Friday, March 06, 2009

Did You Pray For Grace?

Reflection from Word Among Us Lent 2009 Issue
As we are praying for healing, we also face a crucial question: If I am meant to embrace this cross, will I do it out of a “noble” position of faith or through an “empowered” position of faith? There is an important distinction here: A “noble” person who accepts a cross does so with good intentions, trying his or her best not to complain or give in to self-pity. While this is the right way to embrace the cross, if it is done solely out of our own noble intentions and human strength, there will likely be some degree of discouragement, anger, or self-blame attached. After all, some crosses are downright heavy, and their burdens are just too painful to bear on our own.

This is where the “empowered” position of faith comes in. God wants to give us his own divine grace to help us embrace the crosses of life. Jesus once told St. Paul: “My grace is sufficient for you, for power is made perfect in weakness.” These words so moved Paul that he was able to write: “I am content with weaknesses, insults, hardships, persecutions, and constraints, for the sake of Christ; for when I am weak, then I am strong” ?(2 Corinthians 12:9-10).

Embracing a cross with the help of God’s grace is quite different from nobly trying our best to accept a cross without grace. Those who embrace a cross through grace find themselves depending on God more and more each day. They find reserves of strength, trust, and surrender that they know are not their own but that come from a loving, merciful God. Rather than dwell on their own sufferings, they find themselves moved with compassion for other people, even as they themselves endure pain and difficulty. In short, they become more and more like Jesus.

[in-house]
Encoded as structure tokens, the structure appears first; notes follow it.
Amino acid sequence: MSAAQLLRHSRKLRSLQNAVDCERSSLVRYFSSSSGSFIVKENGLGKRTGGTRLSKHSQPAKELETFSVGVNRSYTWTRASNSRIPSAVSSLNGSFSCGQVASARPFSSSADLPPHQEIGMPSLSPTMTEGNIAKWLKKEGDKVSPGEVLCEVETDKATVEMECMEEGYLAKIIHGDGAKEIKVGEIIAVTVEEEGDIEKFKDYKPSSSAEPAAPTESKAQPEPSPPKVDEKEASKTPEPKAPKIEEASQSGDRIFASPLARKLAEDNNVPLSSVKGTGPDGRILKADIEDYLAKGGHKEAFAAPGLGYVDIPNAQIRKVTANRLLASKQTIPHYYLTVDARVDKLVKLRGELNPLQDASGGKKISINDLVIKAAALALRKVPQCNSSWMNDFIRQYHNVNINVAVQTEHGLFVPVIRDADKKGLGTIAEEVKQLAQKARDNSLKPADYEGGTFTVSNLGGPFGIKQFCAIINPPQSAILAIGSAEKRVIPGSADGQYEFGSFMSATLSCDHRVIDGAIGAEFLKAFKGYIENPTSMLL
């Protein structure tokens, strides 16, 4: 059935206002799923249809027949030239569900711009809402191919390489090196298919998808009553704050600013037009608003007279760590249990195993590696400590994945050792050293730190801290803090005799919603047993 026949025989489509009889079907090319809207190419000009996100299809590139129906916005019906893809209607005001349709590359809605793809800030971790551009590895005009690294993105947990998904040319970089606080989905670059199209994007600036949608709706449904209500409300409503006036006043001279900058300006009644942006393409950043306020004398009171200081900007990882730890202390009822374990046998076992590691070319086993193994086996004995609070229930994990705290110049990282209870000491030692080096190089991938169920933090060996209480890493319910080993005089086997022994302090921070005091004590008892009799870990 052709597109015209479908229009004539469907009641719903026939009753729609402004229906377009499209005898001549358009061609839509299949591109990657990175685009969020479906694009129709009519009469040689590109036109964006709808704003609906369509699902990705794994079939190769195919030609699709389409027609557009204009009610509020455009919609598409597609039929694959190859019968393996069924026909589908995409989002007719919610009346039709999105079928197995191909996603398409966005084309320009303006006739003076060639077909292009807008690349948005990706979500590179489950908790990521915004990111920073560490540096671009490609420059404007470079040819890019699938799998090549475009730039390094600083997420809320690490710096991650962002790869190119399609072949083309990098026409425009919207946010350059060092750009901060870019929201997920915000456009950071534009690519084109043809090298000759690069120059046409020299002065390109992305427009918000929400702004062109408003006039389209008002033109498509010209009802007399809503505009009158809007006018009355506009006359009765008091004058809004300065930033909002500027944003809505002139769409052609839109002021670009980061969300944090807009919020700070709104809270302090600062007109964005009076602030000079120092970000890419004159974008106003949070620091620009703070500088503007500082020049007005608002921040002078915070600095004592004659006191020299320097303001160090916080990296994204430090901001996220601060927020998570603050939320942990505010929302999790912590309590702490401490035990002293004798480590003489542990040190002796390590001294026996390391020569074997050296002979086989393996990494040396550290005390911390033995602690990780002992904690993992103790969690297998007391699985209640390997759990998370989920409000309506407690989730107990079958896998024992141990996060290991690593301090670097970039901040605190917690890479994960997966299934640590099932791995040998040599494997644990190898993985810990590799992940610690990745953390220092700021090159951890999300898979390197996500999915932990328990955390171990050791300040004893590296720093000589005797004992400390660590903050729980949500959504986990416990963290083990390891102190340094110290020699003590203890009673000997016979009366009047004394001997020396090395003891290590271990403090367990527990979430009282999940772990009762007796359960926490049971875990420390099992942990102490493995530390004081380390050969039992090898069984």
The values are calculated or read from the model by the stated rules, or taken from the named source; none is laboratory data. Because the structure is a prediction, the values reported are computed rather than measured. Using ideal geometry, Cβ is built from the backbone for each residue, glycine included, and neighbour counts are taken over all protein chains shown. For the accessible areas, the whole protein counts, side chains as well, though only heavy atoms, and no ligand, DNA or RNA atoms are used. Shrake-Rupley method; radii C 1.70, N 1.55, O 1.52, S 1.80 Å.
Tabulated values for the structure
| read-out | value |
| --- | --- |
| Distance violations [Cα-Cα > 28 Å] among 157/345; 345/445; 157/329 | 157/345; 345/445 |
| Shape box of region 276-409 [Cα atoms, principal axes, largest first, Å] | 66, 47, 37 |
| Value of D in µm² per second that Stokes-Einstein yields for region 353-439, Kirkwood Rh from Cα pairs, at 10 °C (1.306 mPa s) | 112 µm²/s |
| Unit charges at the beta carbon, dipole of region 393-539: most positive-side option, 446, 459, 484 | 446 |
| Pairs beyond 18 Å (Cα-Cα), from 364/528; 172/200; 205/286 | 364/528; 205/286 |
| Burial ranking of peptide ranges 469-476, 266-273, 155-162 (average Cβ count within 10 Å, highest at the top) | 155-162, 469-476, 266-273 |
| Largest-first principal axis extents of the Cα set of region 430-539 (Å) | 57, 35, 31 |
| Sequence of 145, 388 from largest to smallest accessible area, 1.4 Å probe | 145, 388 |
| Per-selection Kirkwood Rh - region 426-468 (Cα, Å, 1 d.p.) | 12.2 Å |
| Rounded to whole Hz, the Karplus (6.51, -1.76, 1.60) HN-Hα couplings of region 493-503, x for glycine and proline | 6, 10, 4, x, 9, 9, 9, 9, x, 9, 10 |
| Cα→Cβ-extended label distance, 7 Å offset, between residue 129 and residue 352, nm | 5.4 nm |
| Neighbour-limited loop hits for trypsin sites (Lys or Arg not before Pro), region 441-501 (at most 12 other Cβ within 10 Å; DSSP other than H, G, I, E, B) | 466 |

This is the paradox of the cross: We accept suffering not because it is good and not because we like it but as part of our vocation as followers of Jesus Christ. These crosses can become opportunities for us to grow closer to Jesus and give him glory.
Saw this on my friend's blog and realised that it put across very nicely a point that I forgot to write down in the previous post due to the exciting discovery of the auntie walking through "walls".

The last two lines of the first paragraph sum up the feeling that I had when I attempted to keep my resolutions by my own strength and effort. Other than the realisation that these resolutions were to bring me closer to God. I also realised not to see my resolutions as means to reach an end, but as processes that I need God's graces to help me carry out to deepen my relationship with Him.

It brought to mind the question that my SD for my 8-day silent retreat kept asking me everyday. "Did you pray for Grace?"

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